Offensive Michelle Obama Image Returns, Google Buys Ad To Explain
Google is buying ads to explain why an offensive image of the First Lady is back in its index and ranking so highly on searches for Michelle Obama in Google Image Search.
As we reported last week, Google had originally removed the Michelle Obama image on the grounds that the site hosting the image violated Google’s guidelines by serving malware to visitors. But the same image remained available on other sites that hadn’t run afoul of the rules.
Google’s ad, shown above, leads searchers to http://www.google.com/resultsinfo.html, which apologizes to users who’ve “had an upsetting experience using Google,” and explains the company’s policy on offensive content:
“Sometimes Google search results from the Internet can include disturbing content, even from innocuous queries. We assure you that the views expressed by such sites are not in any way endorsed by Google.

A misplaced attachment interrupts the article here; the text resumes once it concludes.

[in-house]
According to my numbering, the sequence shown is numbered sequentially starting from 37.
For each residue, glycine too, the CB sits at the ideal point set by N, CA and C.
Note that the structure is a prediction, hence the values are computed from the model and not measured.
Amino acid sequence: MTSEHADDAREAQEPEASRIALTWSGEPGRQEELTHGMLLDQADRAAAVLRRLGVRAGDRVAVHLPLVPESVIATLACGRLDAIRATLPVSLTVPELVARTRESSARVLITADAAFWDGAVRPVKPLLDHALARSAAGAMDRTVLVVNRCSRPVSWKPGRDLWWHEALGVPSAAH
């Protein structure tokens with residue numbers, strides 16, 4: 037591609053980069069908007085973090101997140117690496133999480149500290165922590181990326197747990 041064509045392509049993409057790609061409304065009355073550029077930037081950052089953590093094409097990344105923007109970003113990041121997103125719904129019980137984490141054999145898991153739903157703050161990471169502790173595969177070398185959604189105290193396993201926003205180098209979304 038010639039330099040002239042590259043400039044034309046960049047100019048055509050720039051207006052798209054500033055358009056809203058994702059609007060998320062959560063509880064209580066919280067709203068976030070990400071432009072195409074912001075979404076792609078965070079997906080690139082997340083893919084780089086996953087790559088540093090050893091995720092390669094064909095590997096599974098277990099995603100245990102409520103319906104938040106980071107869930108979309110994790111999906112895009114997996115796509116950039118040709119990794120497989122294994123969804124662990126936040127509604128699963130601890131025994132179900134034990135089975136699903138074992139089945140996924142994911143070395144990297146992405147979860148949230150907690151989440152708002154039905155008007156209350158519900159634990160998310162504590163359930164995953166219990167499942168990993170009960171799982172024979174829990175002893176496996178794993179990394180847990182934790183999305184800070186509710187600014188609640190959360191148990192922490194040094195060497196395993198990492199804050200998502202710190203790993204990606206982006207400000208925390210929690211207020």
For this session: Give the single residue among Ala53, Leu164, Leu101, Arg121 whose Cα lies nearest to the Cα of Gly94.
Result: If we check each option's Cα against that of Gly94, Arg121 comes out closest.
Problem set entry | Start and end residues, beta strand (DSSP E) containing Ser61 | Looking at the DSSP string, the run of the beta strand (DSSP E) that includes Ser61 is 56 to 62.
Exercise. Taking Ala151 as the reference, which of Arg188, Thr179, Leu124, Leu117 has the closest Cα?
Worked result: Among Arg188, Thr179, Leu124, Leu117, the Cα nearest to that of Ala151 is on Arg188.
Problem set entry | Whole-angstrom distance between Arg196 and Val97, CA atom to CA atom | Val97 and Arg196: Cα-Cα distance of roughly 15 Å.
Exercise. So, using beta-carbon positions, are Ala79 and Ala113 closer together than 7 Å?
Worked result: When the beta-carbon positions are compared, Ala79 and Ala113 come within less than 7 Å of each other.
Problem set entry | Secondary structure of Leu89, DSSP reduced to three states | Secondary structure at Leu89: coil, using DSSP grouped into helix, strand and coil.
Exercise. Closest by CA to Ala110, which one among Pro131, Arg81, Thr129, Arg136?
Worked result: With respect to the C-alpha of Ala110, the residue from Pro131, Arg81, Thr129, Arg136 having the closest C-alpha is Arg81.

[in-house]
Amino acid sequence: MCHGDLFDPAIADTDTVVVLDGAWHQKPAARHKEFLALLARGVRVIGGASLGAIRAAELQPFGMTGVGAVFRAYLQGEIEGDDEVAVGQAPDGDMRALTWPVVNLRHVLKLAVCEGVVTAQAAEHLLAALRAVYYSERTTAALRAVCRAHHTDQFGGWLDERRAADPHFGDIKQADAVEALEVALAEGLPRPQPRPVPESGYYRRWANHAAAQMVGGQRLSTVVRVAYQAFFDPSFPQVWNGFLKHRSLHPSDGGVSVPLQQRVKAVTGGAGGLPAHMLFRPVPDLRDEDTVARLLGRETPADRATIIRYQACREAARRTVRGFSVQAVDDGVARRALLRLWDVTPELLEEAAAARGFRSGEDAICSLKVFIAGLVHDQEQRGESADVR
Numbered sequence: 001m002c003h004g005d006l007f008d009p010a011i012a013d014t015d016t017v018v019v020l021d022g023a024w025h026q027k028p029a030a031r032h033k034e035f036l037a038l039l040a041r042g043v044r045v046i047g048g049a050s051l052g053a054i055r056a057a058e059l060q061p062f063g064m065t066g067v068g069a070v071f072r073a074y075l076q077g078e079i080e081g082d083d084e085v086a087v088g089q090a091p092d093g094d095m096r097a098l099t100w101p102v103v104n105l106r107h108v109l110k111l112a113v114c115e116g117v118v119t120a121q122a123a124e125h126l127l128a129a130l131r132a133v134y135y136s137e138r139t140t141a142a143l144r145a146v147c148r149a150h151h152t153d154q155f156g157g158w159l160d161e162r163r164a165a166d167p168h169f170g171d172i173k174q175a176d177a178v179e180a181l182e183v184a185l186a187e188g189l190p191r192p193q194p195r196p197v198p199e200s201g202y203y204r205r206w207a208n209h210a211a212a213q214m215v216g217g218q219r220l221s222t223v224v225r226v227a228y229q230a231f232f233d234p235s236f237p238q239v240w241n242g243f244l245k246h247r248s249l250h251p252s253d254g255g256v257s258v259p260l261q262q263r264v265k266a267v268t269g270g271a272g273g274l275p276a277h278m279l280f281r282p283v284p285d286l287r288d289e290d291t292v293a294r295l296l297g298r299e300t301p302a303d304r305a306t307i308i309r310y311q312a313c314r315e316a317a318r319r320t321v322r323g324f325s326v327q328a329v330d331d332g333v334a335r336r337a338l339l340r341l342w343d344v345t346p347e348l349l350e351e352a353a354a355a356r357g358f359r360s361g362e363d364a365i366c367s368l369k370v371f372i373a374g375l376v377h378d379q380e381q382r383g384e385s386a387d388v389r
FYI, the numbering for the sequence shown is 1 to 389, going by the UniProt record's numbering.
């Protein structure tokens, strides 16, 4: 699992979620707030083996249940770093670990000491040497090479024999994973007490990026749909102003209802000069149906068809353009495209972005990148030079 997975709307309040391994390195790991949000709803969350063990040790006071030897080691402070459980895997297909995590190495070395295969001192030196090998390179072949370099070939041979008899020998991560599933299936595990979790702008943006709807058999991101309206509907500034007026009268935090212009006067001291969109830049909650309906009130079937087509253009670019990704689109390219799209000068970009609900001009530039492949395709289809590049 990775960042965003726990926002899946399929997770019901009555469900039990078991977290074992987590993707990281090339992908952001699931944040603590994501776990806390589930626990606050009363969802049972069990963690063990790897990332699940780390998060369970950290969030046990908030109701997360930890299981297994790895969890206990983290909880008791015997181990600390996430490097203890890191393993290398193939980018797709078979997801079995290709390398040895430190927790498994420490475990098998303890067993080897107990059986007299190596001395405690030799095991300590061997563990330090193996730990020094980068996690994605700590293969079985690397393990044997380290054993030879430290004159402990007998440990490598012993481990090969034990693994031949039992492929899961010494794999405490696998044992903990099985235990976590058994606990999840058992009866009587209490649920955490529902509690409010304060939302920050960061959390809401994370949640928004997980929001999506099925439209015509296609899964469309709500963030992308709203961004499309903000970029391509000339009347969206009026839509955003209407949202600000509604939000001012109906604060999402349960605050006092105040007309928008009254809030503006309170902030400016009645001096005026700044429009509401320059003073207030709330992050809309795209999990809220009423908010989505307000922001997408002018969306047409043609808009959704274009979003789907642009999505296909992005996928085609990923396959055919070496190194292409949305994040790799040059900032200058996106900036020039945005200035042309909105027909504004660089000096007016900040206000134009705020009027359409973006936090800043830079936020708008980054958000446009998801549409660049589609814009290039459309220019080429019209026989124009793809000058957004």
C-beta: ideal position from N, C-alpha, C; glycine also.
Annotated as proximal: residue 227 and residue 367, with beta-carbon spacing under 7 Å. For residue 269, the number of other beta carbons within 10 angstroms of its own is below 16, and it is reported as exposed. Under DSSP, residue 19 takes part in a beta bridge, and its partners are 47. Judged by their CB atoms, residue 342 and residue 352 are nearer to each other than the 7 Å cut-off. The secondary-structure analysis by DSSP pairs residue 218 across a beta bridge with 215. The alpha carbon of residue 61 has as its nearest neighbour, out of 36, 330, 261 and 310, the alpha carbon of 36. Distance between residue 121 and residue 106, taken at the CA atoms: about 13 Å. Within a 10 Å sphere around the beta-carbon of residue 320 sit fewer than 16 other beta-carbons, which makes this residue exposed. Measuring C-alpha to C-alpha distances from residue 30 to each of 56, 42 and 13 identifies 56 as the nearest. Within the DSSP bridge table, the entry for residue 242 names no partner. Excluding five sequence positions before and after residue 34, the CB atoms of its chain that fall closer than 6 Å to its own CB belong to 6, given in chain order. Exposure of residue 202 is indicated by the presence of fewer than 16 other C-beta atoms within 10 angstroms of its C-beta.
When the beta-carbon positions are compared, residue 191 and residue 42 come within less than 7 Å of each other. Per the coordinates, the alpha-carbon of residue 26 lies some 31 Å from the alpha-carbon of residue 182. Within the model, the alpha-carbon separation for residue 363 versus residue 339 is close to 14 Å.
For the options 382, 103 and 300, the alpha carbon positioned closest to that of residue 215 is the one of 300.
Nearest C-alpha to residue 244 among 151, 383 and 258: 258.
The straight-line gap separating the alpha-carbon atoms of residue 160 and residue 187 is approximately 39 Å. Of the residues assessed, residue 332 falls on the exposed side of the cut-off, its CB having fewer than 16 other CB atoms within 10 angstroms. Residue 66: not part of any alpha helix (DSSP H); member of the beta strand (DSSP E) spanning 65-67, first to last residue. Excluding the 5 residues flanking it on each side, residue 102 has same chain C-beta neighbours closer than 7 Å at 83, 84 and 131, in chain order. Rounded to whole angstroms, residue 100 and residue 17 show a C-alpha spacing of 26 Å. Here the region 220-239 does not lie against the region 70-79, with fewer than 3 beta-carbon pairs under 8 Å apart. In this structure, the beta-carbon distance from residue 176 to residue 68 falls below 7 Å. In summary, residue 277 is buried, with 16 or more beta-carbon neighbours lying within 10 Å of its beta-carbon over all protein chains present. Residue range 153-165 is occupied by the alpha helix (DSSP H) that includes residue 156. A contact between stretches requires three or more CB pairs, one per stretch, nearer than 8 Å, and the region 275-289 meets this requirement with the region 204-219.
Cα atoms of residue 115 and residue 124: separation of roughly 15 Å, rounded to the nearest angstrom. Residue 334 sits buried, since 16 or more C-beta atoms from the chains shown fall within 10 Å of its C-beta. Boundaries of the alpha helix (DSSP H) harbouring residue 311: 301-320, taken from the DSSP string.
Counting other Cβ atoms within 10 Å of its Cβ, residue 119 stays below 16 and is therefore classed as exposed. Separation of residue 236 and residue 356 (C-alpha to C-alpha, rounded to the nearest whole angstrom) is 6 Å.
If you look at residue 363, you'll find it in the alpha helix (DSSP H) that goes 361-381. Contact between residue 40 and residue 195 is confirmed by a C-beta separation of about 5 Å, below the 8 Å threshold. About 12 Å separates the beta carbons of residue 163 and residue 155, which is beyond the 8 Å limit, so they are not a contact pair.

Search engines are a reflection of the content and information that is available on the Internet. A site’s ranking in Google’s search results relies heavily on computer algorithms using thousands of factors to calculate a page’s relevance to a given query.
The beliefs and preferences of those who work at Google, as well as the opinions of the general public, do not determine or impact our search results.”
Note that if you don’t see the image, you may have your “SafeSearch” settings switched to off. Oddly, it only appears when you use the Moderate or Strict SafeSearch options. Look for your settings underneath the search box.
And, in 2006, Google also bought ads to explain why George Bush’s page on whitehouse.gov ranked first for “miserable failure”:
See Danny Sullivan’s Google Kills Bush’s Miserable Failure Search & Other Google Bombs for more on how Google eventually changed its algorithm to remove whitehouse.gov from the top spot on that search term.
For now, at least, there’s no such algorithmic change in place for the Michelle Obama image search result.
Some opinions expressed in this article may be those of a guest author and not necessarily Search Engine Land. Staff authors are listed here.
(Some images used under license from Shutterstock.com.)
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